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Importance of conversation overlooked in society

 

November 7, 2019



“Where wise actions are the fruit of life, wise discourse is the pollination.”

“Bryant H. McGill”

Though it is always going on everywhere, it is easy to overlook the importance of conversation. The simple act of talking to someone is how ideas are formed, and built upon, and how they eventually become a reality. November is a wonderful season for conversation. The more the temperature drops, the more people want to sit beside the fire with a good book or stay inside with friends and family discussing a wide variety of topics over a feast.

One can find reading a book compelling by itself but coming together with other readers to discuss the book is fascinating. Different people can read the same material as another and interpret it in a vastly different way, which makes for interesting conversation. Everybody Reads aims to build a shared reading experience among members of the community and promote educational discussion based on the read. Come gather in Delany Room to discuss the book, “House of Broken Angels” by Luis Alberto Urrea on November 6. An uplifting and amusing story about a Mexican American family experience. The Dayton Memorial Library has multiple copies of this book, so check it out! Participants will have the opportunity to travel and meet the author at the locations listed in the available pamphlets.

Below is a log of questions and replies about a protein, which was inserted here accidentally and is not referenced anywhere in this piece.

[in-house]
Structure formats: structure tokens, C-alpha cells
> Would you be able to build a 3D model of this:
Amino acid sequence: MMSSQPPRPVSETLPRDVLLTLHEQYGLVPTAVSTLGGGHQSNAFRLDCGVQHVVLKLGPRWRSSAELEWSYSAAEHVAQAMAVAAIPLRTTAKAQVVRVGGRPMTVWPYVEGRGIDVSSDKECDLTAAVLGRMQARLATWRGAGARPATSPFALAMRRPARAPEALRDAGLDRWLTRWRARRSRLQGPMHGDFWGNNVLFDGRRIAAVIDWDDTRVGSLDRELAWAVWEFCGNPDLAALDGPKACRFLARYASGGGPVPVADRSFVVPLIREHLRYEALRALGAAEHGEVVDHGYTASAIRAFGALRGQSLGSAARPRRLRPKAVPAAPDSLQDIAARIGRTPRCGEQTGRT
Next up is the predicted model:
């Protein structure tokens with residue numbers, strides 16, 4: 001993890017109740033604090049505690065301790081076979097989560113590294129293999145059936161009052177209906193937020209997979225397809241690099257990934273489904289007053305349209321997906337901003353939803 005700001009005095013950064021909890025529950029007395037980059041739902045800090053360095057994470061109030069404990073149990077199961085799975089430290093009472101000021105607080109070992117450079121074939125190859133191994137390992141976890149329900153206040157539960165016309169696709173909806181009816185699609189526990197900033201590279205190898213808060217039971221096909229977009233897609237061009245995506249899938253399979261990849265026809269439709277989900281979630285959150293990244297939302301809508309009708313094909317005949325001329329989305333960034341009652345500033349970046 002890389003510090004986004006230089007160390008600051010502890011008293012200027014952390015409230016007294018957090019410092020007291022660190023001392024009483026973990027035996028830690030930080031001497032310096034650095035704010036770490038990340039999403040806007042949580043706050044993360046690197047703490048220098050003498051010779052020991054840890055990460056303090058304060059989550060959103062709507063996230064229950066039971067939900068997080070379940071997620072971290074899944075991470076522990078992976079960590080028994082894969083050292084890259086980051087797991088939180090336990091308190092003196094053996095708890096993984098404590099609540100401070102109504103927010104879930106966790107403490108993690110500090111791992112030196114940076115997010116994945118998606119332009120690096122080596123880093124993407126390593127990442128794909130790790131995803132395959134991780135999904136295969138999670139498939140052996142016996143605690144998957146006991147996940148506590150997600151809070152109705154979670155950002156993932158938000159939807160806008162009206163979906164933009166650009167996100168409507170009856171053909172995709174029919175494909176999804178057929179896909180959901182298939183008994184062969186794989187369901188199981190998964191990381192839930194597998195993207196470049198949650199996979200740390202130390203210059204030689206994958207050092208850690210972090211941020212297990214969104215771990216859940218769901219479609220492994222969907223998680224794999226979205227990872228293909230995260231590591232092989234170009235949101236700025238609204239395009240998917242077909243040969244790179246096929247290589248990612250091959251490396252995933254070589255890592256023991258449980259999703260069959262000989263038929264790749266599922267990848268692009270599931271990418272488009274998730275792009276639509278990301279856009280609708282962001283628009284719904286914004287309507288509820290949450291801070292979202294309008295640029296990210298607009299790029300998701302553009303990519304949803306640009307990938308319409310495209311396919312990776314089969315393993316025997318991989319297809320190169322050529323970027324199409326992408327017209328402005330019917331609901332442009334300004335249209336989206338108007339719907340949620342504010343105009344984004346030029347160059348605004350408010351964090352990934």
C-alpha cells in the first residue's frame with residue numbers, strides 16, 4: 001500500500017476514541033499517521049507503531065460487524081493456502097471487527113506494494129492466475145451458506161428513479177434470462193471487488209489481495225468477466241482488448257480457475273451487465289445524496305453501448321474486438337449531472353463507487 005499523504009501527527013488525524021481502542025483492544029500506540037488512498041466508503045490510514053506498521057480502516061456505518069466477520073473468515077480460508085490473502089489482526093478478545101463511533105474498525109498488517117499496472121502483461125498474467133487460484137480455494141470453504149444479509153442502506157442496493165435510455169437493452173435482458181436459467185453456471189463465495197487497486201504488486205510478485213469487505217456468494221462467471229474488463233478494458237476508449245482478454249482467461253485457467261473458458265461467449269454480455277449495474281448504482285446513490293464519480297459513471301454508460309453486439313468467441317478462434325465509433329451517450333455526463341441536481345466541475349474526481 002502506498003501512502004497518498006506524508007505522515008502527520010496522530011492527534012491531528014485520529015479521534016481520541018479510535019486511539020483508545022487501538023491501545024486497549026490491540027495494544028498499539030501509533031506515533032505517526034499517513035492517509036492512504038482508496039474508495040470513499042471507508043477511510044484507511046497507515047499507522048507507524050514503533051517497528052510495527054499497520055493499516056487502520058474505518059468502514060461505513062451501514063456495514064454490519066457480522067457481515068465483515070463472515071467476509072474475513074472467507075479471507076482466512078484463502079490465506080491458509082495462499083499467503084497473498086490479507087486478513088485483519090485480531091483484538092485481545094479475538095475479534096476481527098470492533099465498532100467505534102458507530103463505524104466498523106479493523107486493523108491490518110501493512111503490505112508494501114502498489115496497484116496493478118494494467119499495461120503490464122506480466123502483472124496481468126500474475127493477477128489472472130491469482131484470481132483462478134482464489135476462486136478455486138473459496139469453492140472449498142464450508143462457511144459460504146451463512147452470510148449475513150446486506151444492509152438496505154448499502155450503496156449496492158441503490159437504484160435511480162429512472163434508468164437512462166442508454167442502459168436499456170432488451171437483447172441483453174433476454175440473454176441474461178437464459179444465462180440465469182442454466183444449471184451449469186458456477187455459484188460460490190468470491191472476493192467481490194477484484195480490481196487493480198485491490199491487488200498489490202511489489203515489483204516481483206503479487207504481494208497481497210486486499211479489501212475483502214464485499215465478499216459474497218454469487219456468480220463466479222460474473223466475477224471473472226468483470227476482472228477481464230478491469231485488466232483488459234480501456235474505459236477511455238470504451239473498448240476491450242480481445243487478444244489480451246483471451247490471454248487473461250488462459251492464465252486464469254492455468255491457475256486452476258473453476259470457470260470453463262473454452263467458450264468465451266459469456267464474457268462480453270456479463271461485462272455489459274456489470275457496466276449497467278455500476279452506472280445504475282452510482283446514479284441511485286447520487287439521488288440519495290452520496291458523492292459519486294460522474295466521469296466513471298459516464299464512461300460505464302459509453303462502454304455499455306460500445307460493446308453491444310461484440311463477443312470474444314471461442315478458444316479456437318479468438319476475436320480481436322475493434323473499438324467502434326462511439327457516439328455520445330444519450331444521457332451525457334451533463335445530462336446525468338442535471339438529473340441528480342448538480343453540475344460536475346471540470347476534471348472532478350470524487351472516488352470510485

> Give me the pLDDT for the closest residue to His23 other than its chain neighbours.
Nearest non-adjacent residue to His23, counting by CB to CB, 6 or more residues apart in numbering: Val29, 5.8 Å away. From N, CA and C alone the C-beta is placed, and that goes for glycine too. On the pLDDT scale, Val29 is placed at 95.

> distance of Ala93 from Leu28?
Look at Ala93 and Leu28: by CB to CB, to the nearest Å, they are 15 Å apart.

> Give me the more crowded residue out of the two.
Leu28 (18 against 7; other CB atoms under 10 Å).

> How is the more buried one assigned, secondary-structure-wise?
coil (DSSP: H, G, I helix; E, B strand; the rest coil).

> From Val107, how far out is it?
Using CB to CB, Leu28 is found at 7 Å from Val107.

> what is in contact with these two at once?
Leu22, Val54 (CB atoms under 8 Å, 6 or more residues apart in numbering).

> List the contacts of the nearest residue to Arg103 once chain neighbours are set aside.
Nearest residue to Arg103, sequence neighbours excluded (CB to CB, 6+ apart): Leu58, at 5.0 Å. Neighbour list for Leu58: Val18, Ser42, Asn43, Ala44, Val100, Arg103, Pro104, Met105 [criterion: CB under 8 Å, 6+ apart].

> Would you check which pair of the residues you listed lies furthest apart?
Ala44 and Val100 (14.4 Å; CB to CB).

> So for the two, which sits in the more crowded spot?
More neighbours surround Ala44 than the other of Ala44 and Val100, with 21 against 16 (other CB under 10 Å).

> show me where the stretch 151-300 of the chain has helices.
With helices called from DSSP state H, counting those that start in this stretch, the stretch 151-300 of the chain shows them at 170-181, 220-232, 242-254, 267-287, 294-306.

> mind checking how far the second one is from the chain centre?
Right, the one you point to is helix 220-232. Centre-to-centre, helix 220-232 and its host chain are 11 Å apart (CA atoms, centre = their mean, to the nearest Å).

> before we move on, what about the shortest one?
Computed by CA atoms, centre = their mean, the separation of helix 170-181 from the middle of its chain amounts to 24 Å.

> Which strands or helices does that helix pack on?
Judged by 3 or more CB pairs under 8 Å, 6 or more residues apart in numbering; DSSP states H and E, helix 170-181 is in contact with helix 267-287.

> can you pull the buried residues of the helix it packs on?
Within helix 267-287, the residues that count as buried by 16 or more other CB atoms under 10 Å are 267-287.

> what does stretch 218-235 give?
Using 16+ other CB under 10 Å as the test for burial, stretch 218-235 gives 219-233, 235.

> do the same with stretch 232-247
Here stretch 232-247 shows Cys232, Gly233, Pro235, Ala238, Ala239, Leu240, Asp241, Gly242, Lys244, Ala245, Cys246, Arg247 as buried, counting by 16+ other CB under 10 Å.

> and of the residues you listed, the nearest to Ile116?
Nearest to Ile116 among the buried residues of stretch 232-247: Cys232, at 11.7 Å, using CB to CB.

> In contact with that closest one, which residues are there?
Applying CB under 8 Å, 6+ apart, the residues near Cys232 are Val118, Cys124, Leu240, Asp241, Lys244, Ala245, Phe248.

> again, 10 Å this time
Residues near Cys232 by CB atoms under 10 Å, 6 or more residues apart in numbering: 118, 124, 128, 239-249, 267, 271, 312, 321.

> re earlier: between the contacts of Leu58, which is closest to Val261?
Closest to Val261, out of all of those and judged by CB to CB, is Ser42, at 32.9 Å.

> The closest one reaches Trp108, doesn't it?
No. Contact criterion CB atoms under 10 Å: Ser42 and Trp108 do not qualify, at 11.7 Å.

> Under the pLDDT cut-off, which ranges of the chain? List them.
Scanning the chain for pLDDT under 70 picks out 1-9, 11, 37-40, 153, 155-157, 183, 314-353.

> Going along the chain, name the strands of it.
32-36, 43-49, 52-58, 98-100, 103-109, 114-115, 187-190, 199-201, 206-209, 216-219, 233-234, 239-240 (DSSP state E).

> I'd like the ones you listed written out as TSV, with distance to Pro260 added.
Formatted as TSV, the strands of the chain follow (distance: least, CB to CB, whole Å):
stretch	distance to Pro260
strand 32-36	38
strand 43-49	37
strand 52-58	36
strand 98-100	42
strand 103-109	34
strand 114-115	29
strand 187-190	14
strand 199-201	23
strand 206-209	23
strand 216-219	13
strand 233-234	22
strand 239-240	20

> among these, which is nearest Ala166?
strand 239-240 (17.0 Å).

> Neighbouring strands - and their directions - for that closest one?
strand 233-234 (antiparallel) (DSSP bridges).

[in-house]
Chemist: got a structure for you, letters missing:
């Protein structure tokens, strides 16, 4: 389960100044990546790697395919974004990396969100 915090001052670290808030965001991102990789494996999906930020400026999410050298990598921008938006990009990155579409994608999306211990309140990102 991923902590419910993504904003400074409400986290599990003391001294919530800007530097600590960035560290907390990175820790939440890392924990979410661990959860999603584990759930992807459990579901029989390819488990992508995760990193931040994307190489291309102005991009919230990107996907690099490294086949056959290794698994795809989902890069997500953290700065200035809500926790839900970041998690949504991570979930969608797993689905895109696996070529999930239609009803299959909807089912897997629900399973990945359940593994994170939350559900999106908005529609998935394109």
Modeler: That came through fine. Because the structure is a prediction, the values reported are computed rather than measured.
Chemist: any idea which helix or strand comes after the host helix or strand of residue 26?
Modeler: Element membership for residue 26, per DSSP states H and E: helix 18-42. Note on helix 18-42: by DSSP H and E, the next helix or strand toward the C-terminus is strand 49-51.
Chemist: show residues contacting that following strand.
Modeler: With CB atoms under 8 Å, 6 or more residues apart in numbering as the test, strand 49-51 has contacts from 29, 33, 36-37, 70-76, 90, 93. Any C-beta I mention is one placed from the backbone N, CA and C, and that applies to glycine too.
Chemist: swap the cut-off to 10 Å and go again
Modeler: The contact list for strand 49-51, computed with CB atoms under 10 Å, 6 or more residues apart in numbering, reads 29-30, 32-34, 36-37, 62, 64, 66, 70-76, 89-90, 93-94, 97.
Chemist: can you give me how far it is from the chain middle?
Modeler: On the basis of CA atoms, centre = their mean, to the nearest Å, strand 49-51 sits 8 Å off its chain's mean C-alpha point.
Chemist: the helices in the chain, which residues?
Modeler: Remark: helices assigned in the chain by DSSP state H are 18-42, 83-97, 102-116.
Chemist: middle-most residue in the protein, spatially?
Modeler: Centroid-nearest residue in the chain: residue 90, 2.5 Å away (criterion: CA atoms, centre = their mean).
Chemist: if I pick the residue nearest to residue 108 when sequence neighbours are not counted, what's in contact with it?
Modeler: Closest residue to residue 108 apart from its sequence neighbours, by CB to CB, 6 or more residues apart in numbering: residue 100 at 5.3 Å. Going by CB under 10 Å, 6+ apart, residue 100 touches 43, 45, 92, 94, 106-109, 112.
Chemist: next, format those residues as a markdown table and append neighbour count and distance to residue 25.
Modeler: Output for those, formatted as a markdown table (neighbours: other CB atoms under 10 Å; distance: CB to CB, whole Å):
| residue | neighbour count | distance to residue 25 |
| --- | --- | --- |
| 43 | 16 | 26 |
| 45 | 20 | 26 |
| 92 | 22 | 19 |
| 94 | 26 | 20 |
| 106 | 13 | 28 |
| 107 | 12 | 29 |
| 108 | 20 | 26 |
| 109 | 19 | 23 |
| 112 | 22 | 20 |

One of the primary functions of the public library is to make information available to the community. This includes the latest of science, technology, sociology, medical, political and much more. It is a universal goal shared among every library to enable an informed patron base on how to make smart decisions that will affect their lives and the communities. Books can be used to influence the reader, such as ideas of one group of people will influence the ideas of another.

Sometimes the ideas of an individual do not coincide with that of another, and a debate arises. It is important to know why this “civil discourse” is crucial to the progress of today. the Big Ideas Talk in the Delany room will feature Civil Discourse as its primary topic on November 14. Presented by Walla Walla Community College’s American History professor, Jim Pietersen, it is an excellent opportunity to learn about the importance of healthy public debate.

Don’t forget that we will be closed on November 1 in observance of Veteran’s Day, and again on November 28–29 for Thanksgiving.

As always, happy reading!

 
 

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